I spoke to Chris and Megg who run the volunteer program, a three-year Big Lottery funded project. Volunteers are closely mentored through the ‘Read to Lead’ training and then they run shared reading programs, either in elderly care homes or in housebound people’s homes.

The Reader Organisation currently has 120 volunteers. It runs four volunteer training programs a year, training 12 people at a time. Megg told me that the volunteer program’s benefits are two-fold: the people in carehomes experience the benefits of bibliotherapy and the volunteers – often vulnerable adults themselves – grow in confidence and self-esteem.

As I was about to leave Calderstone’s, a shared reading group was wrapping up. Beth, the group facilitator, said that members of the group usually continue chatting about their book in the cafe long after the session has concluded. Beth works in communications for The Reader Organisation but every Monday morning she facilitates an open shared reading group for anyone in the community who wants to drop in.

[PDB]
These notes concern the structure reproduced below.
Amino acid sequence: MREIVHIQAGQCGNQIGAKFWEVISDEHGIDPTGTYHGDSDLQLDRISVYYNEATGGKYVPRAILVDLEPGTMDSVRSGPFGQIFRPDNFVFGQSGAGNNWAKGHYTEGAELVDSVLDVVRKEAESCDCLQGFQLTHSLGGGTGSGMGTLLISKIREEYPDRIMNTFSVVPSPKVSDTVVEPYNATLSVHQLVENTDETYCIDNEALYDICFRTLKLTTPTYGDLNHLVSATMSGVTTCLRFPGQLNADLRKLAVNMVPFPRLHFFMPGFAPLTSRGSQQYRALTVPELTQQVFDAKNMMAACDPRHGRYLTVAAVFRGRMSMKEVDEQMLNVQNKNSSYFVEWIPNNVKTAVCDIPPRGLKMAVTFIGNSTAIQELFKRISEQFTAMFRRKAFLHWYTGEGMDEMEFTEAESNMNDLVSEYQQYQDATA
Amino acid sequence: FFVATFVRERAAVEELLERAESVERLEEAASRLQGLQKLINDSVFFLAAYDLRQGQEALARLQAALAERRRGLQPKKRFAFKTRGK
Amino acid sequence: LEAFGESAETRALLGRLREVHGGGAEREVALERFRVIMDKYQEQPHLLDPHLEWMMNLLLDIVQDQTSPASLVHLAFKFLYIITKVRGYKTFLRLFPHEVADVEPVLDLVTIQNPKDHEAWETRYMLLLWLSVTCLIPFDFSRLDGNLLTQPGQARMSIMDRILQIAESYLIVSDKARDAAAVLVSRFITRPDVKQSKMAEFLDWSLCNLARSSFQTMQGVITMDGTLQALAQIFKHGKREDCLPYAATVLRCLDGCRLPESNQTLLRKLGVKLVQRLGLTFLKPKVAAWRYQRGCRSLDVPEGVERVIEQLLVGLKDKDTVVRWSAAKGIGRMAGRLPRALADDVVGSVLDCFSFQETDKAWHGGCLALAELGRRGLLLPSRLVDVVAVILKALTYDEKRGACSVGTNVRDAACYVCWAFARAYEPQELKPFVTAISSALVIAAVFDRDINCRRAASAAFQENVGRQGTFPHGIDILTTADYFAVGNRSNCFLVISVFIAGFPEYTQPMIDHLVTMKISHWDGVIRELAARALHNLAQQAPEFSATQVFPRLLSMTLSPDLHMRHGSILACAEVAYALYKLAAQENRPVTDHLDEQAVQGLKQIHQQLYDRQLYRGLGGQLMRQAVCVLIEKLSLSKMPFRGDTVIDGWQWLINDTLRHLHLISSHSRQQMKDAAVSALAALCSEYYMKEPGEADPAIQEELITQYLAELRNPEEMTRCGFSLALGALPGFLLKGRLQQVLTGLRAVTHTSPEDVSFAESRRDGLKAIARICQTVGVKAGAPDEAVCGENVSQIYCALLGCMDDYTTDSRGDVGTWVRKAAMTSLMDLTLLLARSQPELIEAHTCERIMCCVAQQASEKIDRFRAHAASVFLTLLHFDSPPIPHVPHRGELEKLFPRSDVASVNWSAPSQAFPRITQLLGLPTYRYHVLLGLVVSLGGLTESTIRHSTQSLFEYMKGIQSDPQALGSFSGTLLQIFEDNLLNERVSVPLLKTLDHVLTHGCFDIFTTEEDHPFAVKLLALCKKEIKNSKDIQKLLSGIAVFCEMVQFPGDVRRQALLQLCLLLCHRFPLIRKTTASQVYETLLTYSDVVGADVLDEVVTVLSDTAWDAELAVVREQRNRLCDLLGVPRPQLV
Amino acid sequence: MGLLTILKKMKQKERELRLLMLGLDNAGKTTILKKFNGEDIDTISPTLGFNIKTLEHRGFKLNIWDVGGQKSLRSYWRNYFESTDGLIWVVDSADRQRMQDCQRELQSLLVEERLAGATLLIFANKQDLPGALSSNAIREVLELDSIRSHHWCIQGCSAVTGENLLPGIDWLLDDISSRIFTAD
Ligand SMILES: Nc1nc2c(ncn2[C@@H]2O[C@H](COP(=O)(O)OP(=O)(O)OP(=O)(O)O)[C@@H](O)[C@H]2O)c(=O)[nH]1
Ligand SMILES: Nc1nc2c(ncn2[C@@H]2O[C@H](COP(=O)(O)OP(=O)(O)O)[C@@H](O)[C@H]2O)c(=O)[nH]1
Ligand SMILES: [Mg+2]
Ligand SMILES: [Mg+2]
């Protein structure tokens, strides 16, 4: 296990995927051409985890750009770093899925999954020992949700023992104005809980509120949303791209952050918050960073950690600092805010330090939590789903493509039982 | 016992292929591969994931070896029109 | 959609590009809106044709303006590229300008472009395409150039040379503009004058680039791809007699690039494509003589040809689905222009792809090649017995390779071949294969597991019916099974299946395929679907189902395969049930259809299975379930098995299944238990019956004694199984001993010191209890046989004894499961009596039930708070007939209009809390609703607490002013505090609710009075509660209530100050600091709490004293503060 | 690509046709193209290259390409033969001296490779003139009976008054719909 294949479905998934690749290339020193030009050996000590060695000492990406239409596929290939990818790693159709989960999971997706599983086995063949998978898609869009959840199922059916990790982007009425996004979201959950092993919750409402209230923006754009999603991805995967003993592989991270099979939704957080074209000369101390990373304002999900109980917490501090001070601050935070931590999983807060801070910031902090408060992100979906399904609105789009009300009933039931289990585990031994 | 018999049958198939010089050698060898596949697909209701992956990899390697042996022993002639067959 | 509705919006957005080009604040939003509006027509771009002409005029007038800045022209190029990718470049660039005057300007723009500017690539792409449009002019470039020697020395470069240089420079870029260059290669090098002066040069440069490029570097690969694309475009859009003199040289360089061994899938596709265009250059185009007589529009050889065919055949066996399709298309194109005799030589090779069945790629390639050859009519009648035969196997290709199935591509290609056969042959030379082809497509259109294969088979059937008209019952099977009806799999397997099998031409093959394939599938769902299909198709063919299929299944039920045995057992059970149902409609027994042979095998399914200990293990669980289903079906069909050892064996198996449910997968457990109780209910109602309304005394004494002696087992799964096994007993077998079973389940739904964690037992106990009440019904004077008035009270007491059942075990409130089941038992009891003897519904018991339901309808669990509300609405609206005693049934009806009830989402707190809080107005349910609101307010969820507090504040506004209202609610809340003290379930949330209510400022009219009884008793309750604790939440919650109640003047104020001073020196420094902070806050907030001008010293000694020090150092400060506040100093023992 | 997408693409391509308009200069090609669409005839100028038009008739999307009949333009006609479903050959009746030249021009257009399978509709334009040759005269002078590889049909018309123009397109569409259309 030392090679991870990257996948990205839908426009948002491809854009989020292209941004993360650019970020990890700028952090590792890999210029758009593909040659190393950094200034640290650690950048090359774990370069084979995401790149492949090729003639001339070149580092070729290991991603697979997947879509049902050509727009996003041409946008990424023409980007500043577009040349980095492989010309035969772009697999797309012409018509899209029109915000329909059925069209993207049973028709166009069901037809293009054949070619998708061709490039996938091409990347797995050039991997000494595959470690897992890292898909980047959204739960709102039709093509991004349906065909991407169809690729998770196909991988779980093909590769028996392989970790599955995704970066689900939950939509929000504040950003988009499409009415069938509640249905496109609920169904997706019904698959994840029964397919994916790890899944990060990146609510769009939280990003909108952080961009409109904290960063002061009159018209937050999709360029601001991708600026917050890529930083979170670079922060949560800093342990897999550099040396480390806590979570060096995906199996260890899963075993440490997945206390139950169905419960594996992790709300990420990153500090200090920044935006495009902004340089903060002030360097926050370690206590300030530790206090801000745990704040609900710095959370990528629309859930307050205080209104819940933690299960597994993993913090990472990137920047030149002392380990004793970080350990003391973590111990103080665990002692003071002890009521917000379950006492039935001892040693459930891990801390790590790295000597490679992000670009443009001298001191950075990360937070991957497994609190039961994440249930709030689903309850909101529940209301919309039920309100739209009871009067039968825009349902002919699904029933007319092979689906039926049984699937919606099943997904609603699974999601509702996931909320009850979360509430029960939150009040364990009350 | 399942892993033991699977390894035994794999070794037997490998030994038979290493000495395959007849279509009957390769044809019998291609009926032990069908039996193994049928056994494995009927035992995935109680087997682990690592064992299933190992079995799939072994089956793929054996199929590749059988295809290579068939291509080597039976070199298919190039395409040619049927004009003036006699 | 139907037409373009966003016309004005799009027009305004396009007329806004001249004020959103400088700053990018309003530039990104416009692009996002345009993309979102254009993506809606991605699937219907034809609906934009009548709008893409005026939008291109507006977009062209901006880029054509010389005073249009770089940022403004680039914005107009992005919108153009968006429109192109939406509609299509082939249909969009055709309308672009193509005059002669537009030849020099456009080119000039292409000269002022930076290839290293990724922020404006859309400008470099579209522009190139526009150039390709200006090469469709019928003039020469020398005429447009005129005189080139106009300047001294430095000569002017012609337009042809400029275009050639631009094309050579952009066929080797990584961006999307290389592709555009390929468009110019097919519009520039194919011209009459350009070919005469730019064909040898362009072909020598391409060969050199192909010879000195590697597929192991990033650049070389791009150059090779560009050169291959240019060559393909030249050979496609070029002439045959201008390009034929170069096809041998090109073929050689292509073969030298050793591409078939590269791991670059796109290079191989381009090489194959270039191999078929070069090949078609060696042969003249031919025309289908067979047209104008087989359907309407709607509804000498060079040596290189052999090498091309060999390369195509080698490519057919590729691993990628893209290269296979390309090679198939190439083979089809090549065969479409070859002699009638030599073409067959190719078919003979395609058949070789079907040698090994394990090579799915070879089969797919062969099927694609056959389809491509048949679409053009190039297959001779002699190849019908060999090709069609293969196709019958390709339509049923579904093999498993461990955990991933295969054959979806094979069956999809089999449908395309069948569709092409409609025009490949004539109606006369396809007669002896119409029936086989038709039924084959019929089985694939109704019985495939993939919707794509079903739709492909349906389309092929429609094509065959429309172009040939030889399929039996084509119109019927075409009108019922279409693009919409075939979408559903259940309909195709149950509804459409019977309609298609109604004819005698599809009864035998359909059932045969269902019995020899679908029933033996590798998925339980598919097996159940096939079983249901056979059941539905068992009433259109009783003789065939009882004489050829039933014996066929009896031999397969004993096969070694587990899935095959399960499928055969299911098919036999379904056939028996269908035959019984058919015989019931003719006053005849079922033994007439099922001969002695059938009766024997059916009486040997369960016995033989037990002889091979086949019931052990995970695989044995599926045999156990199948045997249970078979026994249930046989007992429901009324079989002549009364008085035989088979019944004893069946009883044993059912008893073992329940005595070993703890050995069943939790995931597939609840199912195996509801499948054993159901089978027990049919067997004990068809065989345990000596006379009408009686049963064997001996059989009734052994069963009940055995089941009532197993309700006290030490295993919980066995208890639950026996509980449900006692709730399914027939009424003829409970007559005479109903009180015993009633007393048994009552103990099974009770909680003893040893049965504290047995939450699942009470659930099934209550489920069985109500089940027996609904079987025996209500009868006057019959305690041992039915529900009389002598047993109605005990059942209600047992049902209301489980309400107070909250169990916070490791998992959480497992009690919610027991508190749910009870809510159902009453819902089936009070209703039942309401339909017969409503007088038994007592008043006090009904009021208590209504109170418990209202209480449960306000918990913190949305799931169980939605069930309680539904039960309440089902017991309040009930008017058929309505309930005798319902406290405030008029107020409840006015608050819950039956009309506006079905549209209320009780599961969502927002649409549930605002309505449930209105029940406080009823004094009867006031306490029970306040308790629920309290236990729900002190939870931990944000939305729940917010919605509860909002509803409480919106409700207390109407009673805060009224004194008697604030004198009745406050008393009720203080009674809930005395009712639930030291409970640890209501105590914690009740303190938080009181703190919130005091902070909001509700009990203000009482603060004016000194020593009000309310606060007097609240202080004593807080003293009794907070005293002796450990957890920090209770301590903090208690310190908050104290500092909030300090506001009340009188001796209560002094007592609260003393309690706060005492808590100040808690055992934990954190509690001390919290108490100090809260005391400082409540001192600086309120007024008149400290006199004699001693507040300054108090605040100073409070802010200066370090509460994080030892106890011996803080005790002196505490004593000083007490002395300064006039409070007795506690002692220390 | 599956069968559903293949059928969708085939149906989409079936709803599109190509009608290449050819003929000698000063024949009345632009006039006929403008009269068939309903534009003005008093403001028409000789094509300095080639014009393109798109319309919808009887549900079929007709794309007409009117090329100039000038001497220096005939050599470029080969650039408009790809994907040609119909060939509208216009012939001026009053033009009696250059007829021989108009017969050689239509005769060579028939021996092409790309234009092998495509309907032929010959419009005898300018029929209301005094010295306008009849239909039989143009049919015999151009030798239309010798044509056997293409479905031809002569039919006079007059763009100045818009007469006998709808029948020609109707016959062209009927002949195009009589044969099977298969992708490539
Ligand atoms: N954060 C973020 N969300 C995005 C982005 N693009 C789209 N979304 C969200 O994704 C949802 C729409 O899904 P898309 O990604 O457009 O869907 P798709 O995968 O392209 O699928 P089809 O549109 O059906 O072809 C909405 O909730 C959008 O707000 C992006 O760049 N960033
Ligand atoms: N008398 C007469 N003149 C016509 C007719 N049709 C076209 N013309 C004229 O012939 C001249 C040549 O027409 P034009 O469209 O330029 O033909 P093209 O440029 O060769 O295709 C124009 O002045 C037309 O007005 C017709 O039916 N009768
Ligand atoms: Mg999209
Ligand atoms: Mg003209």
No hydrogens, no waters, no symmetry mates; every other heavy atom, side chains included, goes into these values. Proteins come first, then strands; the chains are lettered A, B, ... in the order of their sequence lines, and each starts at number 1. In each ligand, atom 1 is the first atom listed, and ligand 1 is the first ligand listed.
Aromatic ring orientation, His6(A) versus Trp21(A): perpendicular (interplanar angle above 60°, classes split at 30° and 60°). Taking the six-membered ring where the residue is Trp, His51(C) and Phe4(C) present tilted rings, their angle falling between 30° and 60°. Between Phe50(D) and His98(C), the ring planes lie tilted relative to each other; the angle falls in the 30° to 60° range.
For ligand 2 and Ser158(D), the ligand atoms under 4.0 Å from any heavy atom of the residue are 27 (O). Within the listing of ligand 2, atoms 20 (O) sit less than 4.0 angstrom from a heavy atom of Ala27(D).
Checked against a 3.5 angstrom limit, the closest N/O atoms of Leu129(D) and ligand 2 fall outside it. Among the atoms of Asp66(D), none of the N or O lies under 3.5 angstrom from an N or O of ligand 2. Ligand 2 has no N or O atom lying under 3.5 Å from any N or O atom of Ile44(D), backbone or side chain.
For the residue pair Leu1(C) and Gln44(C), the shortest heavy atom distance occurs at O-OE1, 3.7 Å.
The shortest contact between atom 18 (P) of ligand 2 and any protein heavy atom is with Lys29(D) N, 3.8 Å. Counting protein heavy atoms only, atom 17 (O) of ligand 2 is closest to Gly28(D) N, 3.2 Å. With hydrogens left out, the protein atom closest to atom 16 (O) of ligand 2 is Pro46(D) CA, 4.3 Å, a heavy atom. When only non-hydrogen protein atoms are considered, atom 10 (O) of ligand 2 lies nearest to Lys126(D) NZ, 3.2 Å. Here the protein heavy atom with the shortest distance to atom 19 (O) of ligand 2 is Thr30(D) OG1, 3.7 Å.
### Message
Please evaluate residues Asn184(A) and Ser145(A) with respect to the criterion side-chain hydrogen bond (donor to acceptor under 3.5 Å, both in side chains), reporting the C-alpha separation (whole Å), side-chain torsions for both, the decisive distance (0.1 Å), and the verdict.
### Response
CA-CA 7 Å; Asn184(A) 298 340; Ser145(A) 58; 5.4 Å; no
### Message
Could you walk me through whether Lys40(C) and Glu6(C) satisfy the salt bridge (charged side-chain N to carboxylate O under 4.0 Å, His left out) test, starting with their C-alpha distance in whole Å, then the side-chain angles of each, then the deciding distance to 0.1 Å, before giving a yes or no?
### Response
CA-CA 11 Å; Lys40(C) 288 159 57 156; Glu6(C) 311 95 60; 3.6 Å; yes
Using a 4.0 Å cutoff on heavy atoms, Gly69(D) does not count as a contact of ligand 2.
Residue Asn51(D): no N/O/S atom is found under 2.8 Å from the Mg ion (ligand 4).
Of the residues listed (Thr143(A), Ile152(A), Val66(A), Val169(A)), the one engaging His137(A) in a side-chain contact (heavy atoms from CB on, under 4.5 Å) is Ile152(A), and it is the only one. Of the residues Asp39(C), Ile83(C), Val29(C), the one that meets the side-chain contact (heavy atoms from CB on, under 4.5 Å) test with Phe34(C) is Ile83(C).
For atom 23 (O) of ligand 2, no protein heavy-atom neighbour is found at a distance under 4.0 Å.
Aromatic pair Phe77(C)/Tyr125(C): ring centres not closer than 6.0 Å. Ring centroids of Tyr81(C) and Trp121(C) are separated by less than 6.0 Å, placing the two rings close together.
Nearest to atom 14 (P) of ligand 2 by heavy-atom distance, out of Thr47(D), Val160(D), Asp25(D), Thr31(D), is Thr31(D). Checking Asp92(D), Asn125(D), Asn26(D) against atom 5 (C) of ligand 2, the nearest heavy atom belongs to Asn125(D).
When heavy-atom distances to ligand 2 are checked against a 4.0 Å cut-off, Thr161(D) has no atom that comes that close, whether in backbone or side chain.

Beth told me, with great enthusiasm, ‘It’s the perfect start to my week.’

Can you think of possibilities to collaborate with Melbourne in the future?

1. Video link ups, connecting shared reading groups in Melbourne and Liverpool
2. Liverpool has already worked closely with the train network and the ferries. They have given away free quick reads for commuters. A reading program to link Liverpool’s and Melbourne’s commuters could work very well.
3. Liverpool has a significant Somali migrant population. We could link up Somali families in Melbourne with those in Liverpool, via shared reading.
4. This would require considerable funding: